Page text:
When winter comes St. Augustine grass will go dormant. This means that planting early enough will help St. Augustine grass to establish and store enough nutrients before winter kicks in. St. Augustine can perfectly be mixed with Bermuda grass to avoid any bare patches in your lawn when spring comes.
Although weeds are a minor problem with St. Augustine grass, grubs and worms can be a real problem. Without control, they can ravage your lawn. You can apply nematodes for grubs and worms control or use a chemical herbicide as directed by the product manufacturer.
Bermuda Grass Identification and Features
Bermuda is a type of warm season grass that thrives in warm tropical regions. It comes in many types with fine or coarse textured leaves. This turf spreads by underground rhizomes, and above-ground stolons.
Drought, salt or heat will not affect the growth of Bermuda grass. What makes it different from its main competitor is low water and fertilizer requirement. It also need more hours of direct sunlight to thrive.
Seeding is the easiest way of planting new Bermuda grass lawn. But if you are in a hurry for dense green grass, you can install sods. Warm spring and early summer is the ideal time to plant Bermuda grass. Proper land preparation should be done for faster sprouting of seed and establishment of the grass.
Bermuda grass remains lush and green in hot summer and this will extend into fall. When winter comes, Bermuda grass will go dormant. The grass will remain brown but alive until the arrival of warm spring conditions. Watering or fertilizing is not required during this season as the grass already stored enough for its survival.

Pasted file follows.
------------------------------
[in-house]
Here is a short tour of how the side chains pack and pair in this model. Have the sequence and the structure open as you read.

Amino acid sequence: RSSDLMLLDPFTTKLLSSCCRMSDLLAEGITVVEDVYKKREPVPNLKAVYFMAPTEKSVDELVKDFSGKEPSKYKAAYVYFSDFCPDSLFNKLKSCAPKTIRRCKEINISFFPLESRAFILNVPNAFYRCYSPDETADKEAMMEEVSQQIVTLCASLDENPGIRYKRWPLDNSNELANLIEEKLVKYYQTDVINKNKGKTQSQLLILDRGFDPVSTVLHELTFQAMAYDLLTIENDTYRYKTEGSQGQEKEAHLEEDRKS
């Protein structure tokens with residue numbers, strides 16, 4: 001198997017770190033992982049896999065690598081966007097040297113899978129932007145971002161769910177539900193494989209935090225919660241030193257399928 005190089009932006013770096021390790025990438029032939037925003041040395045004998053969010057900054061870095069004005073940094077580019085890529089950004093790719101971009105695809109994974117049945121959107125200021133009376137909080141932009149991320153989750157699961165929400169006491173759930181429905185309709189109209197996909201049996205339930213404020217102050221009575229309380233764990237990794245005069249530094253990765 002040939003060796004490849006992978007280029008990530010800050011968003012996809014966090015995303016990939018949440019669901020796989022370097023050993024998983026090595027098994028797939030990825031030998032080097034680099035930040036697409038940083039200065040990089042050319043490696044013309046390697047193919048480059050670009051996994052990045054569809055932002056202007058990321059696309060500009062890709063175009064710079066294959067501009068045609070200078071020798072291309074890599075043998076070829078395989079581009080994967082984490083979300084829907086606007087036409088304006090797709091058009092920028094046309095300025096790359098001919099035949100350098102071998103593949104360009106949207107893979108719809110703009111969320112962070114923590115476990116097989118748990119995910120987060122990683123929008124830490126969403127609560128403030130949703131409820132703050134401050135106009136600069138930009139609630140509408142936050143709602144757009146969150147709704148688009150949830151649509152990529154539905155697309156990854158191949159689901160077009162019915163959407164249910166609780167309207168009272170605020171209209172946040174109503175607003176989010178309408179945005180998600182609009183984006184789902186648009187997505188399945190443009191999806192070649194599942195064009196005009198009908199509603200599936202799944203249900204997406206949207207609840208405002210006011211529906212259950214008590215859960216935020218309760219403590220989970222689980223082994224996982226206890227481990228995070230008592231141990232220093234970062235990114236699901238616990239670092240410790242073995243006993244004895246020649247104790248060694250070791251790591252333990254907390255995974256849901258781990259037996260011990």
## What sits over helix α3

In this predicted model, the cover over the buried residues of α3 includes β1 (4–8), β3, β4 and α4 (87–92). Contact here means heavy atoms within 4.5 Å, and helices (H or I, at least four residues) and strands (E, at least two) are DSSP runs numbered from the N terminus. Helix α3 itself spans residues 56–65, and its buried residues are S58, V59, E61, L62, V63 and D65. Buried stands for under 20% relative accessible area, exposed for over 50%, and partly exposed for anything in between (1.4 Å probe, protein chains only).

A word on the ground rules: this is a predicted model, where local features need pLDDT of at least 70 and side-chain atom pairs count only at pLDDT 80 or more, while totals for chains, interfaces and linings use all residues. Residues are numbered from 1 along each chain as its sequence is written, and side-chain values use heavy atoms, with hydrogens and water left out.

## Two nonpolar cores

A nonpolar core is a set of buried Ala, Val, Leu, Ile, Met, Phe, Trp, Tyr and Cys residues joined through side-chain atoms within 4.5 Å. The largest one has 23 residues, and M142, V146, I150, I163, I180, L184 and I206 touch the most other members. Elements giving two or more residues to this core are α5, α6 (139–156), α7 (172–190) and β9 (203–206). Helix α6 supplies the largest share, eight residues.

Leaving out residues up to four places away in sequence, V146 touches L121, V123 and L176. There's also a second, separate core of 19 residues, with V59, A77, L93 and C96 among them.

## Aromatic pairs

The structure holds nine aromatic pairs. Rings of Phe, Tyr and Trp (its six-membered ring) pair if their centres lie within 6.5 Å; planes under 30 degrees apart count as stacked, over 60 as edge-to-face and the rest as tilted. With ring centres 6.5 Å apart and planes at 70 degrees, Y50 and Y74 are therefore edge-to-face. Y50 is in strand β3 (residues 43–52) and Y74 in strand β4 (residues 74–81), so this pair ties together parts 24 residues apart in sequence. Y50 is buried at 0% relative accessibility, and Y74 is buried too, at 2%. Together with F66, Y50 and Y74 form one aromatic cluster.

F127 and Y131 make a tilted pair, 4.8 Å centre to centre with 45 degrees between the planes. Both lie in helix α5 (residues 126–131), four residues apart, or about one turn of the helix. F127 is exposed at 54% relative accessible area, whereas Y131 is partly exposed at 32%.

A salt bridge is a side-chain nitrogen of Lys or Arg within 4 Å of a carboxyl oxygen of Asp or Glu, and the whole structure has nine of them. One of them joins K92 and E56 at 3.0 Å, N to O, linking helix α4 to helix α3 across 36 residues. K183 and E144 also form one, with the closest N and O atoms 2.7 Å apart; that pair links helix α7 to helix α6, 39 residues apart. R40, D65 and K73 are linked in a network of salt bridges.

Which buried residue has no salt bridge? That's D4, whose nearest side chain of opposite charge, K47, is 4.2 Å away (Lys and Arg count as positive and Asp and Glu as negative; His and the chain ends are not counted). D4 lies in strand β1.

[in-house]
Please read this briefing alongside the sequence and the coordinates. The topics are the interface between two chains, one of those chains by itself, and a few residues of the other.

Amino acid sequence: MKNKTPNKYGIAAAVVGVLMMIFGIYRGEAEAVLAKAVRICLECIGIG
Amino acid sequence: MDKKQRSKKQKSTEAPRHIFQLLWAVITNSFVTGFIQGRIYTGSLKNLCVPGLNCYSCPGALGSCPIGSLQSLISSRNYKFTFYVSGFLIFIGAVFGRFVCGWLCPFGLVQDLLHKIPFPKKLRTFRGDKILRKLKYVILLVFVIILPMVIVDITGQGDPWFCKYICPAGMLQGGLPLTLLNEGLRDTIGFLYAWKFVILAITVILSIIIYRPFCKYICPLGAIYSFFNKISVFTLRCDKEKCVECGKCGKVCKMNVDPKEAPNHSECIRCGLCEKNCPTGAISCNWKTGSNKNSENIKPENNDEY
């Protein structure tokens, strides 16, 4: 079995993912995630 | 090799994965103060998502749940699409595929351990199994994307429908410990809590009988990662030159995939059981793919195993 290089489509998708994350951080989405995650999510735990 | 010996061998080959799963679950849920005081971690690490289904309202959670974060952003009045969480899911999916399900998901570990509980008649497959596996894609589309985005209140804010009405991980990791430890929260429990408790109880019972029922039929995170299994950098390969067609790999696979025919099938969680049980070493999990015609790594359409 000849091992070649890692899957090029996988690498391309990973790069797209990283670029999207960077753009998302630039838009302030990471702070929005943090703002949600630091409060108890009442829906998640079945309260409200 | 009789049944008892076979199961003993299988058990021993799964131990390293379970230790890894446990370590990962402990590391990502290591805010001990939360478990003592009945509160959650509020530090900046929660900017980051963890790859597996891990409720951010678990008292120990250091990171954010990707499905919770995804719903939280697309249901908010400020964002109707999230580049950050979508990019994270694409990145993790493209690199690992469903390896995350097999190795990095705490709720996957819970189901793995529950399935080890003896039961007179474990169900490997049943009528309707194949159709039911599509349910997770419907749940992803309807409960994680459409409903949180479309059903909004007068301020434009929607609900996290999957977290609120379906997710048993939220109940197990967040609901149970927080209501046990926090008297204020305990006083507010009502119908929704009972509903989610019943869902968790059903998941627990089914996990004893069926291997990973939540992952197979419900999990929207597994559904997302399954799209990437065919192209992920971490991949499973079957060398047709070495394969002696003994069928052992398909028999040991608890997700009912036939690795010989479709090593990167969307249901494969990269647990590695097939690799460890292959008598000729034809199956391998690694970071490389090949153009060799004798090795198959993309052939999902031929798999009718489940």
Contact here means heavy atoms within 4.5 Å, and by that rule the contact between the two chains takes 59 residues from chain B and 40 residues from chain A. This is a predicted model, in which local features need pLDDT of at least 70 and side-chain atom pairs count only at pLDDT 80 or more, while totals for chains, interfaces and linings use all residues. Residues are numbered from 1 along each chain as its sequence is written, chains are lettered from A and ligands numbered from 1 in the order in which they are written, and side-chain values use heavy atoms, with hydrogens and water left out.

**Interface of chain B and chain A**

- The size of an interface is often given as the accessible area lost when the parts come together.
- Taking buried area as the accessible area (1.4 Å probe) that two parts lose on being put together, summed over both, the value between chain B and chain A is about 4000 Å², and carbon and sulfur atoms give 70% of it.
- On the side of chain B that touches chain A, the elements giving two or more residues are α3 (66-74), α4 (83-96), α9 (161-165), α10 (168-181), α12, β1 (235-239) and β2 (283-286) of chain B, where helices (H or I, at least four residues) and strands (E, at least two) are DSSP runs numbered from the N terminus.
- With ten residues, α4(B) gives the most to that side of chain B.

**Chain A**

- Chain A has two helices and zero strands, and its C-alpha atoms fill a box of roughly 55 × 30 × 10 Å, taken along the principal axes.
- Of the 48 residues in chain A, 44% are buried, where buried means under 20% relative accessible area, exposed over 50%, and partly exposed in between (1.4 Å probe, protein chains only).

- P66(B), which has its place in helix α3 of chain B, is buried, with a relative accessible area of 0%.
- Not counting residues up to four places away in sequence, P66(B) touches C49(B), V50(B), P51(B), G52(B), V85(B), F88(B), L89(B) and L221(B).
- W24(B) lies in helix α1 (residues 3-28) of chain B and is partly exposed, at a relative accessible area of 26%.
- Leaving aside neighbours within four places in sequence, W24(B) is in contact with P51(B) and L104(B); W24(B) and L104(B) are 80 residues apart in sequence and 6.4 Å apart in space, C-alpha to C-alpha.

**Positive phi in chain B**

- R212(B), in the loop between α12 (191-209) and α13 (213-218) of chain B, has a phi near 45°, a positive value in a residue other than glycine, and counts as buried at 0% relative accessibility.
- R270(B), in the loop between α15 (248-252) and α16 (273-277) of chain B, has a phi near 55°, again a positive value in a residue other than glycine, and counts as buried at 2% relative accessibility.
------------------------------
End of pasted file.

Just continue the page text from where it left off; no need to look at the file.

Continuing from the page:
Like St. Augustine, grass, weeds will not be a problem but grubs and worms do. You need to control them before they extensively damage your lawn. Thorough watering is important for first 2 weeks of planting your Bermuda. At least three time per week each with 3/ 4 inch of water. This can be reduced to once or twice per week once the grass is established.
Proper mowing is also important to the spreading of Bermuda grass. Ensure your lawn mower blades are sharp to avoid zapping the grass blades. However, mowing should be minimized during drought or when the grass is stressed.
A starter NPK fertilizer can help you attain thick green Bermuda grass within a short period of time. But this turf will not need more fertilization once the grass is established.
Which one is better?
Generally, Bermuda grass is a great option especially when it comes to maintenance. Choose Bermuda if you intend to have higher foot traffic on your lawn or you have limited access to water in your area. However, your area should be receiving full direct sunlight on the greater part of the day for this grass to thrive.
St. Augustine grass on the other hand will be a great option if your home is located in coastal regions or you have trees and buildings around that create some partial shade. If this will be your choice, be ready to spend more gallons of water and fertilizer for your grass to remain lush and green during summer.